Swoosh members will compete to create digital kicks with the brand’s design staff and bag a royalty cut. But not even Nike knows how it’s going to work.
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For a long time now, brands have requested that their fans submit their images, videos, thoughts, and narratives. User-generated content is an integral component of marketing strategies for several companies. A brand can get a lot of traction from well-run UGC efforts.
Wondering what is UGC? It refers to the content that you publish on your blog, website, or individual written social media platforms and that is outside of your business.
Since UGC is typically earned, it generates highly sought traffic and interaction. If you are still feeling unsure about leveraging UGC in your social media marketing efforts, then read on to get more insights.
Why Is User-Generated Content Required for Brands’ Social Media Marketing?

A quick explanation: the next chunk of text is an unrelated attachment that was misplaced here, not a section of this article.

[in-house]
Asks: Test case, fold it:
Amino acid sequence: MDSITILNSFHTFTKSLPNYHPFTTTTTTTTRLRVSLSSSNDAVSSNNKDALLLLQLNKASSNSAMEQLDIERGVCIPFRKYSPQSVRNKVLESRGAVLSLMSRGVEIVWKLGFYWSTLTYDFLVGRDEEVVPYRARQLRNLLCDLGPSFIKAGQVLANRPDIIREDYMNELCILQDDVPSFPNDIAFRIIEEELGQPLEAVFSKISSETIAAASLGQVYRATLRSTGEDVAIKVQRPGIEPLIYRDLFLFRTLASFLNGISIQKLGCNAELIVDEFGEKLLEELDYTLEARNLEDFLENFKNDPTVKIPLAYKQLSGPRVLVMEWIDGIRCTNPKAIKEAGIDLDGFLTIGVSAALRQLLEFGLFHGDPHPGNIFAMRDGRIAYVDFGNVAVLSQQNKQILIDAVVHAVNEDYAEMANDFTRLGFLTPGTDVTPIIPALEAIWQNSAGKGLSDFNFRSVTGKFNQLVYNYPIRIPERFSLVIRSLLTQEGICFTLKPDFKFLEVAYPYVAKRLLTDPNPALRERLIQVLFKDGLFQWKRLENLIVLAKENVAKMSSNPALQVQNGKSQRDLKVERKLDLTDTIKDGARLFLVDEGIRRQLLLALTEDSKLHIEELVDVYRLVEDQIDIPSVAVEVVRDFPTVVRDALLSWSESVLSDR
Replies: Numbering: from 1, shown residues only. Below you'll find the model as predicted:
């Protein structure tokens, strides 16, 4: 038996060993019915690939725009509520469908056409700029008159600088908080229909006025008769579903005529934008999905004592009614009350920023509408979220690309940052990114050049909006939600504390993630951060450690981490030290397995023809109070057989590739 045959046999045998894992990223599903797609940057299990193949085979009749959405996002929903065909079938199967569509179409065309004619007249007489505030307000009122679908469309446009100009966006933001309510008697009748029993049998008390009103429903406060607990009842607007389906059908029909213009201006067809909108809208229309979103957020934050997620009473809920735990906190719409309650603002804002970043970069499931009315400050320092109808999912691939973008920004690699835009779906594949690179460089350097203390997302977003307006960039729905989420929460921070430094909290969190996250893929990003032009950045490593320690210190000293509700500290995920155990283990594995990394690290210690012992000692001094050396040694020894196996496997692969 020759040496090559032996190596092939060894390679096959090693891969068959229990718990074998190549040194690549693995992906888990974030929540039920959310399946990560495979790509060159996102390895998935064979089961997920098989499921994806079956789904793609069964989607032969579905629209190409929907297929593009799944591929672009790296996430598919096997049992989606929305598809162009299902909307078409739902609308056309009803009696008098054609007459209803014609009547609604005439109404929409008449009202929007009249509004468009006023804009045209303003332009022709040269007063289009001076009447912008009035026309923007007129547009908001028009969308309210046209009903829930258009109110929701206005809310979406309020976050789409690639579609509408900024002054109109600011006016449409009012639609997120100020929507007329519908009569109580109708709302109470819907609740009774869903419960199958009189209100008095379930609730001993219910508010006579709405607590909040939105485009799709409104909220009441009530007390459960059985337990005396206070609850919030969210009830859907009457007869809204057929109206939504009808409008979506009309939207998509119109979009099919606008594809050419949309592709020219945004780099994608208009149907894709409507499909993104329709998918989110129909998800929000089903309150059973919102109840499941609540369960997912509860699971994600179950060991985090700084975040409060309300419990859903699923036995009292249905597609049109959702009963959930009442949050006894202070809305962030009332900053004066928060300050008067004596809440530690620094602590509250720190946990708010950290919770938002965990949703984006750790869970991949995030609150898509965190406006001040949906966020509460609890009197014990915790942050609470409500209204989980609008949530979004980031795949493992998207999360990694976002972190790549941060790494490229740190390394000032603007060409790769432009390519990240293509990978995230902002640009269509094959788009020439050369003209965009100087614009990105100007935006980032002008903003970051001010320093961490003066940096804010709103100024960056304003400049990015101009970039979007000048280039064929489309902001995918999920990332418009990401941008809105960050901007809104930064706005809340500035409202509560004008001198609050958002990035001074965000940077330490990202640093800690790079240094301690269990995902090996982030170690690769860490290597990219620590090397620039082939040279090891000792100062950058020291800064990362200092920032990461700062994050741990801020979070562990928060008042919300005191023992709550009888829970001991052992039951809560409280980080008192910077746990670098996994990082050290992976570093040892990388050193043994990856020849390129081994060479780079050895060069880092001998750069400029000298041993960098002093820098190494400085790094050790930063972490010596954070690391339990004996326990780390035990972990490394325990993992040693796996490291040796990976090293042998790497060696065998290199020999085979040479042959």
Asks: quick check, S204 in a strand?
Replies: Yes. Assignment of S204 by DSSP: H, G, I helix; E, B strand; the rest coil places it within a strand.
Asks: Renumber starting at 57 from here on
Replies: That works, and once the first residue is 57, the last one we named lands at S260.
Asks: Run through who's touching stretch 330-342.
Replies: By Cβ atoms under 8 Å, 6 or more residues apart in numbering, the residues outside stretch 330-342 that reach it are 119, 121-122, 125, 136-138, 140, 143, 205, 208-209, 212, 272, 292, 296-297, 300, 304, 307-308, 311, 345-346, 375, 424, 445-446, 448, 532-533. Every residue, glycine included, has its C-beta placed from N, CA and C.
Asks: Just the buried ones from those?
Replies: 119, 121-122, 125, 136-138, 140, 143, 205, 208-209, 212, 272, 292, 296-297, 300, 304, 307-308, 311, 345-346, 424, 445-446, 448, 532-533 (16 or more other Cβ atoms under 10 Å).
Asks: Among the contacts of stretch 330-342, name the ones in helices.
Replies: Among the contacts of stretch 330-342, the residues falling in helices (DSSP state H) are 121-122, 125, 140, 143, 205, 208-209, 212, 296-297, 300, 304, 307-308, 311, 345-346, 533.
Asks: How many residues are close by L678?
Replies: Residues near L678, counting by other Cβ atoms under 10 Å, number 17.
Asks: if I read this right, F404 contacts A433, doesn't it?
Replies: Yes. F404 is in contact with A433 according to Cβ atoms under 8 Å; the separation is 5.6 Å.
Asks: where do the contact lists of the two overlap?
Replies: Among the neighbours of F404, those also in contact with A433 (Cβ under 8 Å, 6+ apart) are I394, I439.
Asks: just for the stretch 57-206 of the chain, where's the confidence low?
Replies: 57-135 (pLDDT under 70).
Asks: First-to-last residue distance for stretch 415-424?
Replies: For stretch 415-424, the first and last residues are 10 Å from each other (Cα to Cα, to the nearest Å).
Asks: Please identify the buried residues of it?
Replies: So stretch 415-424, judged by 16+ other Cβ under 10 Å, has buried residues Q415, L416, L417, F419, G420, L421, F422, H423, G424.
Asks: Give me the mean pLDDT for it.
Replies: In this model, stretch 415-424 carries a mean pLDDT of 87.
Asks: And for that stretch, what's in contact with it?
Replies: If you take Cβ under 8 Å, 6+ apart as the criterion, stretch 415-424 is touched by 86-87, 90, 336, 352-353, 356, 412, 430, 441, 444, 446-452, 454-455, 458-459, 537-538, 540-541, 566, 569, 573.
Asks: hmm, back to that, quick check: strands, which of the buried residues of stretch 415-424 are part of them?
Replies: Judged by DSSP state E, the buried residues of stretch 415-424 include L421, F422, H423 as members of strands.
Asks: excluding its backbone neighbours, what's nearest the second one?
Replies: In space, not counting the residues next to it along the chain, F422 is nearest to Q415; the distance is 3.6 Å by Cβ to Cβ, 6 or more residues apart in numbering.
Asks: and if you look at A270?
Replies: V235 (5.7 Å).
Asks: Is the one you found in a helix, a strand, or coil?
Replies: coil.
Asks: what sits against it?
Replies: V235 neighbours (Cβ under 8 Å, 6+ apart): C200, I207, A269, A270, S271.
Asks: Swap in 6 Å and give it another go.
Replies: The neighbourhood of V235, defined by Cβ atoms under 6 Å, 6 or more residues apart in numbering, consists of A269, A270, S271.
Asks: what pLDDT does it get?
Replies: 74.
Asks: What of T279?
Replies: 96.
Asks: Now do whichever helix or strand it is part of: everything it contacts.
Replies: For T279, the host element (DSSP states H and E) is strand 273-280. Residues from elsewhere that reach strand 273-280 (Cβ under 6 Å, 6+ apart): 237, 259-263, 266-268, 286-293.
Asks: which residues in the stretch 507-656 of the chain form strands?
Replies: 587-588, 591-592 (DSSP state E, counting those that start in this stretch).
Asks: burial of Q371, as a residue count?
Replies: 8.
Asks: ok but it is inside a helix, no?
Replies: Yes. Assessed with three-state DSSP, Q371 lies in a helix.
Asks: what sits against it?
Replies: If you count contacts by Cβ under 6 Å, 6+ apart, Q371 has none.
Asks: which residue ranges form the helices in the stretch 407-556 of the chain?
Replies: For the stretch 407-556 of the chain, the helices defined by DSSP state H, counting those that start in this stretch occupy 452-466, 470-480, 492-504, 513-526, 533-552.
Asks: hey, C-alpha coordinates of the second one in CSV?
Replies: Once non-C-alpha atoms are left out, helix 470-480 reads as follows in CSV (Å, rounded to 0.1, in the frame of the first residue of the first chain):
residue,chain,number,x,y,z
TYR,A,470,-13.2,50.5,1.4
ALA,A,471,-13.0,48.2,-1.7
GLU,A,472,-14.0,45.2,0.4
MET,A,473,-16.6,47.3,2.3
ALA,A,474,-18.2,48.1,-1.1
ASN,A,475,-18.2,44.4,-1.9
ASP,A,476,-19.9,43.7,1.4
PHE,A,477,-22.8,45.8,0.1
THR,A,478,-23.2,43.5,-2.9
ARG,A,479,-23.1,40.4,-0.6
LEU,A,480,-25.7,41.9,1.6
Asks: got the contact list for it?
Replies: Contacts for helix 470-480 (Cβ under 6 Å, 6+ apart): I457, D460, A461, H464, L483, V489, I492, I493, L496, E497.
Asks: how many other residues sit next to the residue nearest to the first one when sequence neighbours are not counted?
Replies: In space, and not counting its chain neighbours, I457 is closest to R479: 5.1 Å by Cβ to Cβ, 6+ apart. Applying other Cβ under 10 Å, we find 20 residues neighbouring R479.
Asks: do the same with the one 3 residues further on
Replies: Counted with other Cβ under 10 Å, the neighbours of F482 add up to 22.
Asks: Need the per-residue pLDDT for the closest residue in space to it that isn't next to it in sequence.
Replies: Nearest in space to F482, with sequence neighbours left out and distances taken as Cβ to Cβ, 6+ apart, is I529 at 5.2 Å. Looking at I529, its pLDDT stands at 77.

Let us provide some justifications for why you ought to incorporate User-Generated Content into your social media marketing plan.
UGC Provides Diverse Content
User-generated content is produced by various people with various backgrounds and experiences with your brand. In addition, they each have their own manner of expressing themselves.
You can give your audience something fresh and engaging each time you share content when you use UGC as your primary source of social media content. Your audience is intrigued by your variety of content, they interact with you, and they eagerly anticipate your marketing efforts, which increases your user engagement like never before.
Social Proof is Generated Through UGC
Social media has a significant social proof component. It’s merely one of the factors that promote user-generated content. Every time a new social media trend emerges, its users including ourselves produce content around it.